Mérida, capital of Extremaduara, was once also capital of the Roman province of Lusitania and it's still home to the most impressive and extensive Roman ruins in all Spain. The ruins lie sprinkled around the town, often appearing in the most unlikely corners, and one can only wonder what still lies buried beneath the modern city.
About the romans?!
The ancient Romans had a variety of entertainment: plays, gladiatorial combat, chariot races, and even mock naval battles. Since nobles sponsored these events, entertainment was free to the public. You might think that dating back then was easier for men since they didn’t have to pay for anything. However, they couldn’t have been much fun since the Romans prohibited men and women to sit together. Women had to sit in the top rows among the slaves and foreigners. Seating was also divided by social class.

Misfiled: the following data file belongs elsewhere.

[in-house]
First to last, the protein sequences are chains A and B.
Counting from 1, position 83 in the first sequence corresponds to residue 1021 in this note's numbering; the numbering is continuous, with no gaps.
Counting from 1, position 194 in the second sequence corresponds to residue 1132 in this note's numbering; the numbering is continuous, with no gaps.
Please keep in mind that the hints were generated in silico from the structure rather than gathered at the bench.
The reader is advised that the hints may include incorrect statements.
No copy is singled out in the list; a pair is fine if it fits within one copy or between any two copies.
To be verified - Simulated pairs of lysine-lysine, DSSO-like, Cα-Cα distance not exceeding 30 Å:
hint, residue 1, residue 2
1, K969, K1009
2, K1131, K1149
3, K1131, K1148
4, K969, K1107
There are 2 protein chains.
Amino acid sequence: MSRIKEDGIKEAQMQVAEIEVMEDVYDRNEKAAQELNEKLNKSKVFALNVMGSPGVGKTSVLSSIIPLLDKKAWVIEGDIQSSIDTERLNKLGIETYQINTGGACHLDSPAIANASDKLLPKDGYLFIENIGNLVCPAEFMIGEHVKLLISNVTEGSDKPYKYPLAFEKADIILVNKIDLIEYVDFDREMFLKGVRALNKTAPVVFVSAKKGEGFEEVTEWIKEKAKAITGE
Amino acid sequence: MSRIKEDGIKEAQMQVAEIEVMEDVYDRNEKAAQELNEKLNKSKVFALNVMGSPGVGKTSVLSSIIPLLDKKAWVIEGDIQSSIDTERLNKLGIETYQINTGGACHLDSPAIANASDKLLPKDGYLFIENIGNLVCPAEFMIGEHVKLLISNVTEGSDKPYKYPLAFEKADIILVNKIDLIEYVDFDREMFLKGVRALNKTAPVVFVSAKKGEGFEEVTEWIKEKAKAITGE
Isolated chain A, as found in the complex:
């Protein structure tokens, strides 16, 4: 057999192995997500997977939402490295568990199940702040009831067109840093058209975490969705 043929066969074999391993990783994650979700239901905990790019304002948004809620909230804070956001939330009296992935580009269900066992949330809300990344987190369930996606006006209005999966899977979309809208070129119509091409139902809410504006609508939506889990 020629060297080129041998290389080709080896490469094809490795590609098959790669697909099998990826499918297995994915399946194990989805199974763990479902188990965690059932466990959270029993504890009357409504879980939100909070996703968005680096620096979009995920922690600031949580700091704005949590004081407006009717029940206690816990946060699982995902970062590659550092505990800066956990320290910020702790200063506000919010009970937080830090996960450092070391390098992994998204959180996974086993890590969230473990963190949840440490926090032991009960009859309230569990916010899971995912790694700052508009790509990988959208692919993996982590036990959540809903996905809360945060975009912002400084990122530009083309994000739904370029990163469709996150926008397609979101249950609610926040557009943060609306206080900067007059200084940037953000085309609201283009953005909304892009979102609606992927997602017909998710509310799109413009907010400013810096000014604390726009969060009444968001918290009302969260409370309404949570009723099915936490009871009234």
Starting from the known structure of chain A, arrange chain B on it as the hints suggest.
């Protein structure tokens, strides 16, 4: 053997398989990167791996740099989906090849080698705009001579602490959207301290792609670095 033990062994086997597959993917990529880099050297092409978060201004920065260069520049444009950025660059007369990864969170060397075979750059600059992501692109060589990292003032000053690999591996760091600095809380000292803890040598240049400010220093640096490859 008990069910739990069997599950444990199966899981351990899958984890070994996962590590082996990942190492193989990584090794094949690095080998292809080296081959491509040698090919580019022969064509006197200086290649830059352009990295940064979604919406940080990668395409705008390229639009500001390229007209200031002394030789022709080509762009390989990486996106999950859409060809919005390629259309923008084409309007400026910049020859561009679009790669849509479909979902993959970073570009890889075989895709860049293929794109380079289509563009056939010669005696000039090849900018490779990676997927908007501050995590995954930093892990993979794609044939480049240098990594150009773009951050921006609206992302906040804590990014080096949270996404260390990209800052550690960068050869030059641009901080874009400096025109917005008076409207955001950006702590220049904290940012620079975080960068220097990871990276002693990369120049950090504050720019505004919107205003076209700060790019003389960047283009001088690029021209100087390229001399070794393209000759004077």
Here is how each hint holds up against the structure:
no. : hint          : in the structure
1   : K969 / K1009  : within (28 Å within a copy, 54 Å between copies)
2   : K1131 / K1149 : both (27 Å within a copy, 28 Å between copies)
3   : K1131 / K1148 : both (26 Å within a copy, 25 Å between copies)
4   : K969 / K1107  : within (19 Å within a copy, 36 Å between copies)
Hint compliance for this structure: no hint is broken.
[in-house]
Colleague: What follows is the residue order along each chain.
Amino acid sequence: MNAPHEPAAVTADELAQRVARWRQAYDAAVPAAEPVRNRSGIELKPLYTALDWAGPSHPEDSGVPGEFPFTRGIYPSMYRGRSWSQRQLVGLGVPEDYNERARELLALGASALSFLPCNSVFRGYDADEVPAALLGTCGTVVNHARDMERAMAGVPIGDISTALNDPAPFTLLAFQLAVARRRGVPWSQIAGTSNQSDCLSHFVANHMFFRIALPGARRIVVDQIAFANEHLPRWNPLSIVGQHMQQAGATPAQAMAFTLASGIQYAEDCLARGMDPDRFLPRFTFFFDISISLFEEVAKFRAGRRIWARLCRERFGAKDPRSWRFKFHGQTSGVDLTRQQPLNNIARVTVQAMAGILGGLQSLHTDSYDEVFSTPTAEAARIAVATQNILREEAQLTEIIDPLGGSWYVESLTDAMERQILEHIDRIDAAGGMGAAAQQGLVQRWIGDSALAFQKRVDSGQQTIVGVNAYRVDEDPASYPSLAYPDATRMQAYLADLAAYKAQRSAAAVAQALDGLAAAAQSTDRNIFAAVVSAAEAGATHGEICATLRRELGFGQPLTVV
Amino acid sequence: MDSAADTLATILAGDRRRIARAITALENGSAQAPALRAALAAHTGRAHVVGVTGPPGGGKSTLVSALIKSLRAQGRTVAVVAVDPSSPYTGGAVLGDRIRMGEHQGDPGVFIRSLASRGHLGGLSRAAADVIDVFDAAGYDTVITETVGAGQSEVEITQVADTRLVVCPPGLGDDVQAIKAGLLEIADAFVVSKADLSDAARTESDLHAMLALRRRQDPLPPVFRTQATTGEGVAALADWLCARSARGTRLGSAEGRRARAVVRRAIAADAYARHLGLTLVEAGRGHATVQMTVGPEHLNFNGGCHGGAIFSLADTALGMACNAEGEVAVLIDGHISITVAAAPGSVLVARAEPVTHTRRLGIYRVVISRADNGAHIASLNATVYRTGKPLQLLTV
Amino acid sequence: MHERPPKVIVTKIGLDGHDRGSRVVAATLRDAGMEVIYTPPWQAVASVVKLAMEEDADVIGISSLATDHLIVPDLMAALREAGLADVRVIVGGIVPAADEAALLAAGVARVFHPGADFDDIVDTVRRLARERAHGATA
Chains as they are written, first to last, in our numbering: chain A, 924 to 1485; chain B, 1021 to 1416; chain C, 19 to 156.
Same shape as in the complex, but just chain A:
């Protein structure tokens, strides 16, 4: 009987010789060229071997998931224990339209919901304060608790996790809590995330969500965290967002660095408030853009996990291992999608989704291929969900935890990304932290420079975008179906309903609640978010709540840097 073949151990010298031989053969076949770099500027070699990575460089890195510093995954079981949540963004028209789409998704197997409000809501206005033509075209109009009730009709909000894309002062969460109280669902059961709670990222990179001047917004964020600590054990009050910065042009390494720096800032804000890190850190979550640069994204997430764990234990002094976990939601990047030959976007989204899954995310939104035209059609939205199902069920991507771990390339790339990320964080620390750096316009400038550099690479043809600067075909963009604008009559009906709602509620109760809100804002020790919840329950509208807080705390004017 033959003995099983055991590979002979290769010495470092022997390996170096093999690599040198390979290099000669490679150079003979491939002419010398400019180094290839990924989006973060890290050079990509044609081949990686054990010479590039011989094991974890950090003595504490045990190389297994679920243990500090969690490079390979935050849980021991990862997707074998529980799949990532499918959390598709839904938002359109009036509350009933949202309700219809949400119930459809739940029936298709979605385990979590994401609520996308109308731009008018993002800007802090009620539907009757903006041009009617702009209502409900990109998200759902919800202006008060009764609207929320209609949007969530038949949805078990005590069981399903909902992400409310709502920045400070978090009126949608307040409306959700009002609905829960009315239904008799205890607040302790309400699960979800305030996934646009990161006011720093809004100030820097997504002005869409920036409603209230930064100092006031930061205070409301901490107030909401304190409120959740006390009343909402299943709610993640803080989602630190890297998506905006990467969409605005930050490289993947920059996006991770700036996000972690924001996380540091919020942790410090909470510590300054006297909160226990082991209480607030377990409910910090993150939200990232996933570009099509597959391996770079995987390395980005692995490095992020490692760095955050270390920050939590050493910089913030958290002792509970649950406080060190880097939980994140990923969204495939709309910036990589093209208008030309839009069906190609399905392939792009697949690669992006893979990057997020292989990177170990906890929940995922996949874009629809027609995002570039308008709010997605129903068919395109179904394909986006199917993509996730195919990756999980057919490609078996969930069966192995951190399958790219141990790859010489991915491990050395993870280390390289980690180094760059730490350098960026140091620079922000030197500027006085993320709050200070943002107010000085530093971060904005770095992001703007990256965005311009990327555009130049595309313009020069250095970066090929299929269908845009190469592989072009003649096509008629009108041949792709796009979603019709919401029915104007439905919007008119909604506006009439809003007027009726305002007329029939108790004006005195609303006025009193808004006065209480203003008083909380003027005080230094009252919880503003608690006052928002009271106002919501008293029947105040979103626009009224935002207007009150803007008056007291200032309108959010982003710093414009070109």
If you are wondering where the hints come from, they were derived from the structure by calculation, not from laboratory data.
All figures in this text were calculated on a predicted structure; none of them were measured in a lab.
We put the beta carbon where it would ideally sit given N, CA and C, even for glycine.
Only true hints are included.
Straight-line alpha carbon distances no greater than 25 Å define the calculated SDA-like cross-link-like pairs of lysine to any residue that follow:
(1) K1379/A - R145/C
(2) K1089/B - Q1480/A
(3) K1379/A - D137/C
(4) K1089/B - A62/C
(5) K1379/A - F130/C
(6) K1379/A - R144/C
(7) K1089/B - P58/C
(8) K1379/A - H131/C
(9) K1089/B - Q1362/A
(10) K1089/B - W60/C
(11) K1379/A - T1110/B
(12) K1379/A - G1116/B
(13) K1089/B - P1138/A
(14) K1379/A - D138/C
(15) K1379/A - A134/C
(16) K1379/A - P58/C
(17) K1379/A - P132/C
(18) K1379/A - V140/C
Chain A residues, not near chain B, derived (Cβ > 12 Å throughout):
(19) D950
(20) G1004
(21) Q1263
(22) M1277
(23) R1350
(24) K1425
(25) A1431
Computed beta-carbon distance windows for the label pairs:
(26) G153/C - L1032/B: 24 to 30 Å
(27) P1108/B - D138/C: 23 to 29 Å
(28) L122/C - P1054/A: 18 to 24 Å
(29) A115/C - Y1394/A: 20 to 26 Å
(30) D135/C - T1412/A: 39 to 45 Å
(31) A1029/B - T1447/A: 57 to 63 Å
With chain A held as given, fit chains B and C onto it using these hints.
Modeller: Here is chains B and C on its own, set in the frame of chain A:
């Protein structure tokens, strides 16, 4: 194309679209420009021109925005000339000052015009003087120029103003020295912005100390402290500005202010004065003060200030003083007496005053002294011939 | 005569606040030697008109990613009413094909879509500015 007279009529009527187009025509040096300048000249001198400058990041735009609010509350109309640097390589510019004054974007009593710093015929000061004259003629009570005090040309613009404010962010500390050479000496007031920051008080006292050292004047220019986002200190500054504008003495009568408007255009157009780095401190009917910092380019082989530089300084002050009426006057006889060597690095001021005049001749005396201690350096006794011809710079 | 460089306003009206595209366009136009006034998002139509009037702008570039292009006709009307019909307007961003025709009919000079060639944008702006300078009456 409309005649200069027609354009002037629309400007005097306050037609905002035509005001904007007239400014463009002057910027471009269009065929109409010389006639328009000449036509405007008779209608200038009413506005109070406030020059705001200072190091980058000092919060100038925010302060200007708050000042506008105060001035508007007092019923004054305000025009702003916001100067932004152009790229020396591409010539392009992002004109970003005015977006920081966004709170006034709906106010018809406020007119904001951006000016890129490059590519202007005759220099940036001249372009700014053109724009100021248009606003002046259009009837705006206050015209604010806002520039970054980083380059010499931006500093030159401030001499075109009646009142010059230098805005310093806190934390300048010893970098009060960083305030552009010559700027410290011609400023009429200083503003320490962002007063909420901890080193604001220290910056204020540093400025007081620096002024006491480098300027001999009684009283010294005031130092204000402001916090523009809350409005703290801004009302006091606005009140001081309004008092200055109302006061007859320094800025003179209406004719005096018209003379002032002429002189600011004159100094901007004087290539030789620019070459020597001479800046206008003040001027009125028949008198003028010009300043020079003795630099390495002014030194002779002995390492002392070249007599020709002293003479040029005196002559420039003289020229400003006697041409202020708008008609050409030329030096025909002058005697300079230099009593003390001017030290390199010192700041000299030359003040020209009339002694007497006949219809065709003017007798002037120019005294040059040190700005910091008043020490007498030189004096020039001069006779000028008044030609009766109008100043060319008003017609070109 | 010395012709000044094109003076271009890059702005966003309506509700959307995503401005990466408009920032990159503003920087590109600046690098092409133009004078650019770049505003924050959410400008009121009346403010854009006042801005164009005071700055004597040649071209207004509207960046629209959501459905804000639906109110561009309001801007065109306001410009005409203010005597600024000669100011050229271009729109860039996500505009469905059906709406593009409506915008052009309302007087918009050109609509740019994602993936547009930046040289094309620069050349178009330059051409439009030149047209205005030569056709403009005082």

What's the weather like?
Its the hottest in July & August but coldest in January & Febuary!
Factoría Joven Skate Park
looks fun right?
Both the Roman Carnival (February) and Holy Week (March-April) are considered Events of Regional Tourist Interest. The September Fair, which takes place at the beginning of the month, is the most important popular fiesta, with huge numbers of people gathering in Calle John Lennon and the nearby fairground.
Merida is well-equipped for a wide range of sports, including football, basketball, handball, canoeing, swimming and athletics. The main facilities are the Estadio Romano, the local football stadium, the Ciudad Deportiva, a modern multi-sport complex, and many more.
MÉRIDA ( Spain ): 10 places you should not forget to visit